A department institutionalizes the functional separation and the resulting groups of experts (source: Niels Pfläging )

The experts described work in parallel in their teams and optimize their product in order, as Taylorism says, to drive the product to absolute perfection. So there is usually no radical innovation, but rather an optimization. We often read that the presentation of the iPhone complains about too much optimization instead of innovation. 12% thinner, 8% lighter – but somehow hardly anyone cares anymore, right?
It seems that customers are tired and optimization no longer brings the WOW factor that they expect. I even found the following example on an automobile manufacturer’s blog: The new luxury limousine is the first car in the world to have an active and individually adjustable fragrance. The scent molecules are not deposited on the textile surfaces of the vehicle or on clothing. The scent impression is subtle, occurs gently and fades away just as gently.
Now you ask yourself: Couldn’t this possibly be over-optimizing? Is this fragrance really an absolute selling point and a groundbreaking function that literally knocks customers off their feet? Hasn’t the automobile been optimized at some point?

Innovation in medium-sized businesses today – radical change and innovation

So in the digital age, customers want breakthrough innovation and radical change. These are often inadequately produced in the Taylorism and the goal of optimization-oriented organization. For this reason, agile companies and a new organizational development have established themselves.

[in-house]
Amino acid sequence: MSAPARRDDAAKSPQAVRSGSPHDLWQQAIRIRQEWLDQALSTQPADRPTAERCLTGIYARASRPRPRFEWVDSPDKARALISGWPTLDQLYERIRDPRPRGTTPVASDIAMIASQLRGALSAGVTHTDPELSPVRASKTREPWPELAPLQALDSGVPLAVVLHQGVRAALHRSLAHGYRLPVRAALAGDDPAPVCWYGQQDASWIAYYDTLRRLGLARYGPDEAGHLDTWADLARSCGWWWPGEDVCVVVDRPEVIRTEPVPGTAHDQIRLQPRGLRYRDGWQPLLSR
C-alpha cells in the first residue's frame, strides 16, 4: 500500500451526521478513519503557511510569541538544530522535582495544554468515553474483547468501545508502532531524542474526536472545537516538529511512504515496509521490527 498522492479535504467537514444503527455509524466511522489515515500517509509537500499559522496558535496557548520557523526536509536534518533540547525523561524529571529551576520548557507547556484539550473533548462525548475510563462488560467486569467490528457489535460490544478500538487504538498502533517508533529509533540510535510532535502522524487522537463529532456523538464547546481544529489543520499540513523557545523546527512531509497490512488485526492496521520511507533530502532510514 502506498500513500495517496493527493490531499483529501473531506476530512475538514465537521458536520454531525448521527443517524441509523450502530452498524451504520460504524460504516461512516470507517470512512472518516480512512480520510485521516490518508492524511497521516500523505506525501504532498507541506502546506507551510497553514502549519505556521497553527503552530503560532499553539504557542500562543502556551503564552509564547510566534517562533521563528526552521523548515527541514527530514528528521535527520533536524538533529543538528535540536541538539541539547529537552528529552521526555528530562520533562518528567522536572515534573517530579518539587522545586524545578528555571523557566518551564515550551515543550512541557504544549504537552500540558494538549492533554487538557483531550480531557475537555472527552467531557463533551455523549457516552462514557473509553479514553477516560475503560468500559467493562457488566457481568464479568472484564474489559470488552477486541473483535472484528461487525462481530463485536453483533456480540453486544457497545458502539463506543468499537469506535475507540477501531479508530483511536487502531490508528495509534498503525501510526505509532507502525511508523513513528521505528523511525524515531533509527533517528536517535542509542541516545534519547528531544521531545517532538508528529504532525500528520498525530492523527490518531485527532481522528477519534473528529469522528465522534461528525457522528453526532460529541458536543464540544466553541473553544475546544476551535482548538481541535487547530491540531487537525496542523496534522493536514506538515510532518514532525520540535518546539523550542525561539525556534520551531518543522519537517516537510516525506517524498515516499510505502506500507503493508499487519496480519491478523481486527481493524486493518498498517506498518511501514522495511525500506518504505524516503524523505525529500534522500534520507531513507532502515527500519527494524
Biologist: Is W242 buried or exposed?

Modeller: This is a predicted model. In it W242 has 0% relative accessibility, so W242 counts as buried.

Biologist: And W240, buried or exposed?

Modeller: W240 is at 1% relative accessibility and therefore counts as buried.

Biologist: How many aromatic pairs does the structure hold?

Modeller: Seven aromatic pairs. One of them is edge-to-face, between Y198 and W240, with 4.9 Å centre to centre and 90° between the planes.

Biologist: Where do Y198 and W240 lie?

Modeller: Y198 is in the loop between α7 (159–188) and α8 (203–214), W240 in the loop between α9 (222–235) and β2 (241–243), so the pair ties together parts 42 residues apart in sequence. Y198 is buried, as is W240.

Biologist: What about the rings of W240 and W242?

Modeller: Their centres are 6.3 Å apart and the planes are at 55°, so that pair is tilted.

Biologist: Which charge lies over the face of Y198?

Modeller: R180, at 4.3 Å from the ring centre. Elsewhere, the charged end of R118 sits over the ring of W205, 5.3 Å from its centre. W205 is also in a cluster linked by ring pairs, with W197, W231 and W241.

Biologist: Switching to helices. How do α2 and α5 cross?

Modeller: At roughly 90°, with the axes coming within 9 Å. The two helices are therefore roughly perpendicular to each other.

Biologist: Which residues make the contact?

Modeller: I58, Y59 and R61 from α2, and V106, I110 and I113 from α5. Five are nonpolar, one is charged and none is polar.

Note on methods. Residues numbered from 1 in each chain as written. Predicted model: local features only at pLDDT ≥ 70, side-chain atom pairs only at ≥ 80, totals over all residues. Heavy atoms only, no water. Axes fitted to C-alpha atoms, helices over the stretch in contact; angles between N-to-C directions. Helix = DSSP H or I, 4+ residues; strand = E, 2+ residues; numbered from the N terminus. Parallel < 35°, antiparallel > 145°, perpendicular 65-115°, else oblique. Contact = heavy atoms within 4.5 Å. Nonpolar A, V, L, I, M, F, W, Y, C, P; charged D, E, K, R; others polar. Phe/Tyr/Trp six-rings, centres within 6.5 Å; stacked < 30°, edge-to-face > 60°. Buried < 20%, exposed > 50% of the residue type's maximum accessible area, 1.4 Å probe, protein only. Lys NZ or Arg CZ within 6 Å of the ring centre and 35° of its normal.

Here Ahlemann and Urbach say: In the future, organizations will be much more networked and project-oriented. Such forms of cooperation support cross-departmental and interdisciplinary initiatives as they are required for the development of innovative products, services, processes and structures.
This change is also reflected in the team structures. Teamwork as we know it today is mostly very plan-oriented, long-term and homogeneous – and therefore optimized for the quality of the work results. Modern teamwork in the sense of the knowledge workplace of the future, on the other hand, is rather speed-oriented, agile and heterogeneous. In addition to the quality goal, the teams are much more focused on creativity and speed (Ahlemann and Urbach).

A cell is functionally integrated or cross-functional – the same functions are in different teams (source: Niels Pfläging )